Off Payroll in the Private Sector. A disaster waiting to happen.
On Friday the Government published the long-anticipated HMRC consultation on IR35 compliance in the private sector. As you may be aware, this follows the public sector reform in April 2017, and the announcement in the November 2017 Budget.
You will also be aware if you have read my previous blogs on the subject, the Government’s seemingly blinkered drive to push this through (as they did within the public sector) whilst continuing to ignore the substantial concerns aired by all stakeholders, drives me mad.
HMRC estimates that an additional £410M of income tax and NICs has been remitted since April 2017. This is before they take into account the drop in both corporation tax and dividend tax receipts from all the PSCs that are deemed inside the legislation. The net gain is something nearer £100m which, while clearly is quite a lot of money, I suggest it pales into insignificance when compared to the costs incurred by the Public Sector (in time, increased rates, cost of compliance teams etc) and others in the supply chain (recruiters requiring increased compliance teams, additional payroll systems, additional payroll staff, etc etc etc).
From the consultation it is clear that the Government’s preferred option is to extend off-payroll into the private sector based on the assumption that non-compliance in the sector is widespread and due, to a greater extent, to active avoidance, which needs to be addressed. The consultation suggests that the public sector reforms have been largely successful, and supports the current system for determining employment status, defending the CEST tool (this tool is indefensible!)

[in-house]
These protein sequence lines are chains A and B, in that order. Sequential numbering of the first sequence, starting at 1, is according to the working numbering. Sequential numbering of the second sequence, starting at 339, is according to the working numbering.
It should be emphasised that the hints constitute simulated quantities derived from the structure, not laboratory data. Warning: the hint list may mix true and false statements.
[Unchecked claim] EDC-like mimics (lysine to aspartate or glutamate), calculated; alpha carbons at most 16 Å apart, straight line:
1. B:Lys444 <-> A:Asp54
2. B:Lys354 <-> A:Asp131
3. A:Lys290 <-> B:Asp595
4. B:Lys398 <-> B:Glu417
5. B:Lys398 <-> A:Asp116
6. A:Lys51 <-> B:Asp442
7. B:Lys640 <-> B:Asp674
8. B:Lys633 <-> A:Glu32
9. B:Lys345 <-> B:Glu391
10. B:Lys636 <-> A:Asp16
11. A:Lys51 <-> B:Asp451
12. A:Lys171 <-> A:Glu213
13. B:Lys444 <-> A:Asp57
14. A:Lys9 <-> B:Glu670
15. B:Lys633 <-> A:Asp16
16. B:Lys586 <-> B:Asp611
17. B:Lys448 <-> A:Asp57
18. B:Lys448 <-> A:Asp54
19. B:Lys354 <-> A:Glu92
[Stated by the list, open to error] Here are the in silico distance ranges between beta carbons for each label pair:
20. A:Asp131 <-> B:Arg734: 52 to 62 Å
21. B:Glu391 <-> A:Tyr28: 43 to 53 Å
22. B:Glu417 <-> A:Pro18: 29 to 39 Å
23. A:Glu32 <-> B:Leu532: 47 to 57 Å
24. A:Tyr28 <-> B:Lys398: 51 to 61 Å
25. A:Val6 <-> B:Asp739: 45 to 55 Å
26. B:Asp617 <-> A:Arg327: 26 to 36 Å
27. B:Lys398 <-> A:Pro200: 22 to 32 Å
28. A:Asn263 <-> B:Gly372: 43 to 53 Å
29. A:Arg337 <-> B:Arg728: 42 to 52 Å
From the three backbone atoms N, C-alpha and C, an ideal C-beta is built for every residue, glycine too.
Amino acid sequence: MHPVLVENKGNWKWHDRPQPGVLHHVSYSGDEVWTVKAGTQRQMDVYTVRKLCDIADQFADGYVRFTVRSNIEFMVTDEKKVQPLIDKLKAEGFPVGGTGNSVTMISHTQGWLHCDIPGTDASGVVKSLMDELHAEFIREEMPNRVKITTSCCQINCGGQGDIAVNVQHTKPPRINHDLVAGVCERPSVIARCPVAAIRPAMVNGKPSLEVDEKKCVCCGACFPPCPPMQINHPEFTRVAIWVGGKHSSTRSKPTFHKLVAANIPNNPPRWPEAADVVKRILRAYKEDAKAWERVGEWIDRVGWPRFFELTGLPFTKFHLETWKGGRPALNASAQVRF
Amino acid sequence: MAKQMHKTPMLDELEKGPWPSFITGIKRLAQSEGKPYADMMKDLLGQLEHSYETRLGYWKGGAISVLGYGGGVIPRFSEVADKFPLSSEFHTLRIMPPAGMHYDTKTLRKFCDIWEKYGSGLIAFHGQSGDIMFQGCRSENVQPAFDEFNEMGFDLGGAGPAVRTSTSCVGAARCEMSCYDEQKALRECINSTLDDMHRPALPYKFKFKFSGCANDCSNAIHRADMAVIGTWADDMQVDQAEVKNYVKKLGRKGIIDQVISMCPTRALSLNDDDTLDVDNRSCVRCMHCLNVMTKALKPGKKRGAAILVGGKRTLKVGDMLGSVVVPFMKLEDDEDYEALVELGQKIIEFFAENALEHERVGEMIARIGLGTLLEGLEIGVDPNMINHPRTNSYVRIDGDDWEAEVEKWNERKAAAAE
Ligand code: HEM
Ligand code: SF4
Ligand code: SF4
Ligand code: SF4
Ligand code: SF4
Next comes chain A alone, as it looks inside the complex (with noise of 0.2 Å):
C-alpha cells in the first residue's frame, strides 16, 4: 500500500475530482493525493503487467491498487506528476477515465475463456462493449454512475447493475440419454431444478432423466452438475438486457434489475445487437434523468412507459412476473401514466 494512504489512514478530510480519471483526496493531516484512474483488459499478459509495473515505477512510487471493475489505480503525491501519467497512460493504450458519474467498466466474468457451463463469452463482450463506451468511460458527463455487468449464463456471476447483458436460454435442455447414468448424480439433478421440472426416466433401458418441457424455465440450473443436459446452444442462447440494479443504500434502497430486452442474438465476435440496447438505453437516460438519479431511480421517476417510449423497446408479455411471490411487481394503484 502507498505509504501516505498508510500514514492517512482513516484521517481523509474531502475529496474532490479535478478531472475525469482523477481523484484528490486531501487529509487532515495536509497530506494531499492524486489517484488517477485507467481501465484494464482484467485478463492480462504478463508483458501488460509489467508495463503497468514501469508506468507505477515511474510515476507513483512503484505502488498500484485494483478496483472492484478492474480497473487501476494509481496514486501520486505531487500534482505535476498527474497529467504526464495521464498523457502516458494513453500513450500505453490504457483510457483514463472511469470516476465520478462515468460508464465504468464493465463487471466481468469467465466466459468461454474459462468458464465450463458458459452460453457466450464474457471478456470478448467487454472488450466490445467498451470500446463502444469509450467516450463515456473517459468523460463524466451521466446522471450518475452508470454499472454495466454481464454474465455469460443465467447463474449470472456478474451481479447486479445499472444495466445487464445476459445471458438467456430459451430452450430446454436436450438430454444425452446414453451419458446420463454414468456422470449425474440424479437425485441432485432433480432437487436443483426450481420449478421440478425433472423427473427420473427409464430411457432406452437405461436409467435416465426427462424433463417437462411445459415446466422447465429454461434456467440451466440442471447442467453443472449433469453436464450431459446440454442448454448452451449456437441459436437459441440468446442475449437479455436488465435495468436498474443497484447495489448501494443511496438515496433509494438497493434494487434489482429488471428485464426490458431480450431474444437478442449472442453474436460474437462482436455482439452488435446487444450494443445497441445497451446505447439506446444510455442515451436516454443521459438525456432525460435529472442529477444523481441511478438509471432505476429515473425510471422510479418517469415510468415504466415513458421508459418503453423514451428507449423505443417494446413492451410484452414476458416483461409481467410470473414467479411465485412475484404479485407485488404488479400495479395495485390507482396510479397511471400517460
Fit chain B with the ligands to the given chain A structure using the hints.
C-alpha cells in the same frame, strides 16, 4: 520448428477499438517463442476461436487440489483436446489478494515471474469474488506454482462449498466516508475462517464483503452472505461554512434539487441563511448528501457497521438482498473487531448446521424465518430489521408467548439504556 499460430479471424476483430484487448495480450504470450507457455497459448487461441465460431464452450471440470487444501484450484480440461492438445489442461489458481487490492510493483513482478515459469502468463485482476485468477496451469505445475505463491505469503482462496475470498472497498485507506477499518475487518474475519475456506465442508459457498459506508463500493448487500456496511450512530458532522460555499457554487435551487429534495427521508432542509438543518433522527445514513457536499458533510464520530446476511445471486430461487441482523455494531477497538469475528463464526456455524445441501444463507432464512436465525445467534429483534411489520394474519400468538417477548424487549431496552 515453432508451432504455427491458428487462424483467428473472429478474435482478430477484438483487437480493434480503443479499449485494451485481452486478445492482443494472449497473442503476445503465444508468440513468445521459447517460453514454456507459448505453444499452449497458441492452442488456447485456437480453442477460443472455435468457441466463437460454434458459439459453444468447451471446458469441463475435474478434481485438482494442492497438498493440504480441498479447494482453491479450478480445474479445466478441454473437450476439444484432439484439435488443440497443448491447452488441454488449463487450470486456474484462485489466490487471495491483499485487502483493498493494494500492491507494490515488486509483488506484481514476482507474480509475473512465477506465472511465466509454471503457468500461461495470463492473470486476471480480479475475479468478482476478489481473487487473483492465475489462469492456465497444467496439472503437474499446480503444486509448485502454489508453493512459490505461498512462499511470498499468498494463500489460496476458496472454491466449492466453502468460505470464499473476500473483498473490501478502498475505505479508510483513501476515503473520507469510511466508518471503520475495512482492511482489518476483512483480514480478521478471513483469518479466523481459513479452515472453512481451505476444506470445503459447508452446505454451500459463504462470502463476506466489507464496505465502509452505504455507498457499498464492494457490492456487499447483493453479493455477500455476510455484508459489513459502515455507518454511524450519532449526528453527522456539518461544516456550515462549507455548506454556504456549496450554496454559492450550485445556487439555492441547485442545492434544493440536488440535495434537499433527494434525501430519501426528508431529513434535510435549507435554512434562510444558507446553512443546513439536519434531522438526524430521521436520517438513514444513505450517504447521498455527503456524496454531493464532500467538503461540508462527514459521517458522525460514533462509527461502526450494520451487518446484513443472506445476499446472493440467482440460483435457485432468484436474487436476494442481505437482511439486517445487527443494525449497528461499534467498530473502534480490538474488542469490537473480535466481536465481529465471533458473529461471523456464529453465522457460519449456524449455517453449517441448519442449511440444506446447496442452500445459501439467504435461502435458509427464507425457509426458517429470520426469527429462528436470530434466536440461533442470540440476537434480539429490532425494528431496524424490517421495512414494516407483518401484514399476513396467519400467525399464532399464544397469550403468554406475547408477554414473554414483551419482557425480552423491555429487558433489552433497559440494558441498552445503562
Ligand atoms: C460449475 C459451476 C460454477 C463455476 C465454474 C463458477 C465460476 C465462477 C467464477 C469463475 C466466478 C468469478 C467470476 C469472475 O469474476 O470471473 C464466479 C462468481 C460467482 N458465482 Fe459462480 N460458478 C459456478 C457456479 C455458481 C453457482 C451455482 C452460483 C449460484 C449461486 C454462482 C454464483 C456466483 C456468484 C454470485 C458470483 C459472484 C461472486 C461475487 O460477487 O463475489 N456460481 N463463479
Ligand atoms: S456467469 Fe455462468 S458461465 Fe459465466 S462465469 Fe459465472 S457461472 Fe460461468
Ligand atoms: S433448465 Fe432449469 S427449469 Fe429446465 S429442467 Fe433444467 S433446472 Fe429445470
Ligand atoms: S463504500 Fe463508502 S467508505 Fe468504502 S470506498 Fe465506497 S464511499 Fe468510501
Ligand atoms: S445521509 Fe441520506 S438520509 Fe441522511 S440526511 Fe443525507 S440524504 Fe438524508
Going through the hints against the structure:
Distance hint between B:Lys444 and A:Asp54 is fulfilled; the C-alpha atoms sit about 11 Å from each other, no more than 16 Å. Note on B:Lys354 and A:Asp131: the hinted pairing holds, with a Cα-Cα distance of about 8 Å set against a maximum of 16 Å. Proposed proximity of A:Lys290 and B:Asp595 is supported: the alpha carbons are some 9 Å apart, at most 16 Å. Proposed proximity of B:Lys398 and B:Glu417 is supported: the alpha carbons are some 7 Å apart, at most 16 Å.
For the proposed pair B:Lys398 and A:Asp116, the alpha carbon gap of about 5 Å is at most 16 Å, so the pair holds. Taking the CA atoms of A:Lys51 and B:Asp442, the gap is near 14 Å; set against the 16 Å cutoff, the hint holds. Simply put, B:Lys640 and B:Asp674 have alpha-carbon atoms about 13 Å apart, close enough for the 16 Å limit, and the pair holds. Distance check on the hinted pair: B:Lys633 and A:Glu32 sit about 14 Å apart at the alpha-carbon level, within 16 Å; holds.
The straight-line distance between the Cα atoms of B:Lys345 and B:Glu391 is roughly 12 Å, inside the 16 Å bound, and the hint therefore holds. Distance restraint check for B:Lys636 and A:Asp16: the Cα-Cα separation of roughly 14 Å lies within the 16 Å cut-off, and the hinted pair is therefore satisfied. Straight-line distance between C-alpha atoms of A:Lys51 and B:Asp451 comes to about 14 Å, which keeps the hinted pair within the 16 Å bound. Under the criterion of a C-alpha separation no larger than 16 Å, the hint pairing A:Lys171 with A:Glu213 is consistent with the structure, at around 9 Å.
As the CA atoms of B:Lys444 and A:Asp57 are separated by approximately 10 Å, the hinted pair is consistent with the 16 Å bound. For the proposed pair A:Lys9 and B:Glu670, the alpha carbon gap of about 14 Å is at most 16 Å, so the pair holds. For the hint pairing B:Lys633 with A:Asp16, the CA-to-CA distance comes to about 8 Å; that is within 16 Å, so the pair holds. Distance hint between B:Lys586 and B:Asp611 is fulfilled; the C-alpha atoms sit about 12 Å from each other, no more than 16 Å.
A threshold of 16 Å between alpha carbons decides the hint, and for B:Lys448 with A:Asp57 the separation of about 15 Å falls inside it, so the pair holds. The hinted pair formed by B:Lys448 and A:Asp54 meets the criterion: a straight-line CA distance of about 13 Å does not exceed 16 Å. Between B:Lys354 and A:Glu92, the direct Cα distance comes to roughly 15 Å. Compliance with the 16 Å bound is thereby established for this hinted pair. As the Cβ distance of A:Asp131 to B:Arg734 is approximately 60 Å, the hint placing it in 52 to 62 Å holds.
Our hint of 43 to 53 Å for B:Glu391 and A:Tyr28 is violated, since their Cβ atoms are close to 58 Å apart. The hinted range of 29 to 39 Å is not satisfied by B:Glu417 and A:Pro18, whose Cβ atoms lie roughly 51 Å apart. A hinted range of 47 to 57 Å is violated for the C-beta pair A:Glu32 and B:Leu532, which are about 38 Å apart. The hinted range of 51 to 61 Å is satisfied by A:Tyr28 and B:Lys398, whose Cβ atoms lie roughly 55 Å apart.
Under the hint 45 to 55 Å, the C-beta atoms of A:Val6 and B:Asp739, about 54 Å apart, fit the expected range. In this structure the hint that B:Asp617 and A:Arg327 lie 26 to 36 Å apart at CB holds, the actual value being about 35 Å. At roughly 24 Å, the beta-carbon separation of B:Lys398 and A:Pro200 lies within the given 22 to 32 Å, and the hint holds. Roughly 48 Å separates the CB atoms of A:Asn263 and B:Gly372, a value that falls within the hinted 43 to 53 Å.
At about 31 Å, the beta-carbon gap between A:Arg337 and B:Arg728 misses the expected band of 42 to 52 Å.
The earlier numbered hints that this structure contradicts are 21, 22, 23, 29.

Those of you who worked to comply last April will recall that the rules weren’t finalised until 2 weeks before the changes came into force, meaning that it was impossible for the majority of the public sector employers and workers to get to grips with the changes in time and so countless incorrect status decisions followed. And no one really understood why their take-home pay changed. You can read a previous rant here.
I don’t think anyone who hasn’t been directly involved with this will comprehend the time, disruption and cost that these changes have caused, and now it seems the fears of the entire flexible workforce may come true with the rules extended to the Private Sector.
Where self-employed workers have been punished in the Public Sector by taxing them as employees, but with NO EMPLOYMENT BENEFITS, rather than stamping out false self-employment, this will be mirrored across the whole UK economy.
The Government and HMRC seem intent on burying their heads in the sand to the fact that many workers have left multiple critical projects and that costs to the public sector have risen. And one thing never considered with these changes, is the costs to the economy in complying with the changes, which I assure you, probably make any tax gains in the Government’s coffers look small.
This ‘solution’ does nothing to tackle false self-employment and merely punishes those that make this country’s flexible workforce, world-class.
If the Government really wants to tackle false self-employment, it could start by creating a statutory definition of self-employment once and for all.
Or, as seems to be its intent, it could create mayhem across the economy just before the UK needs all the competitive advantage it can gain as we step away from the European Union.